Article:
Well, these are very "grainy" shots...it was getting dark when we were walking tonight (5 December 2016). But this is only the second time I've seen a Horned Lark (Eremophila alpestris) on Salmon Creek Beach (during the past twelve years), so it seemed worth sharing some photos for the record.
Here's a view from the side. In the first photo and the next one, note the yellowish face and throat; the dark facial markings; the black "necklace"; and pale underparts.
This individual showed quite a bit of russet coloration on the nape (neck) and some of the wing feathers:
The next photo is just fun. It shows the more golden color above the bill (between the eyes) relative to the pale yellow on the throat and sides of the face. [The Horned Lark is actively foraging among washed up eelgrass (Zostera marina).]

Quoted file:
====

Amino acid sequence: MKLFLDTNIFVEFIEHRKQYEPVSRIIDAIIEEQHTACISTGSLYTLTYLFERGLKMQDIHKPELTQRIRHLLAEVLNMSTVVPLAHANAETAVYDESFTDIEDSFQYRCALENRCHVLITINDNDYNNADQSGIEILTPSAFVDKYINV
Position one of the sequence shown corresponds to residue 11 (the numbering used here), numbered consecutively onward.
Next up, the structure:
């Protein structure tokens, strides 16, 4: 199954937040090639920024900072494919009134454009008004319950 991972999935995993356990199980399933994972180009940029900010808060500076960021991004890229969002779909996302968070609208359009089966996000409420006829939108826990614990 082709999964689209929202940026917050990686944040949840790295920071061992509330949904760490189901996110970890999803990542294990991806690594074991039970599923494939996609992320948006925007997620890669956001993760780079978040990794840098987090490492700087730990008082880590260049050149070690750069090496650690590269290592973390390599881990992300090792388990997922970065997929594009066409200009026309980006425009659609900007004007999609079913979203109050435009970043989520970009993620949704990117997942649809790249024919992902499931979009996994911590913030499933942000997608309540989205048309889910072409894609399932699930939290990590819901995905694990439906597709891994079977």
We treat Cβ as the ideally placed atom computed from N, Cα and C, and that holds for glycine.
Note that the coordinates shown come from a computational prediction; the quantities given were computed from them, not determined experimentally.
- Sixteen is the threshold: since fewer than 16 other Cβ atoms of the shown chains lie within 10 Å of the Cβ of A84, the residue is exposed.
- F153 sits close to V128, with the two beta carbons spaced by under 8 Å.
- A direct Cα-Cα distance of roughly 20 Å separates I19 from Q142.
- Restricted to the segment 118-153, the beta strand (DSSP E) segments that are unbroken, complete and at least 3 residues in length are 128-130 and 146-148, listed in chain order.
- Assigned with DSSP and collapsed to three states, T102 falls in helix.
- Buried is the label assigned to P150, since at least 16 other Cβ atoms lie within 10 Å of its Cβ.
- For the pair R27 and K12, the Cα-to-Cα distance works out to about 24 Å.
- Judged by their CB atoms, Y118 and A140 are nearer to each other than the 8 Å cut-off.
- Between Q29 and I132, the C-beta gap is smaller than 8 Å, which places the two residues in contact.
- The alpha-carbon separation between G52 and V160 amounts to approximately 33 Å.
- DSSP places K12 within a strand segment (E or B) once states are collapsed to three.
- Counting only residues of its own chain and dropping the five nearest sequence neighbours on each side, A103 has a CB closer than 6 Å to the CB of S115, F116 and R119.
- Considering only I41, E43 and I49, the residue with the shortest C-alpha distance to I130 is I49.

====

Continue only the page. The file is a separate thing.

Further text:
Parmeter and Wight (2010) write that Horned Larks have become scarce in Sonoma County. (I haven't heard thoughts about the reason(s) for this decline. If you know more about local changes in Horned Lark populations, it would be interesting to hear more.) It would be nice if this one decided to stay around for a while!
P.S. The title of this post is a play on the 4-letter code for Horned Lark — using the first two letters from each word.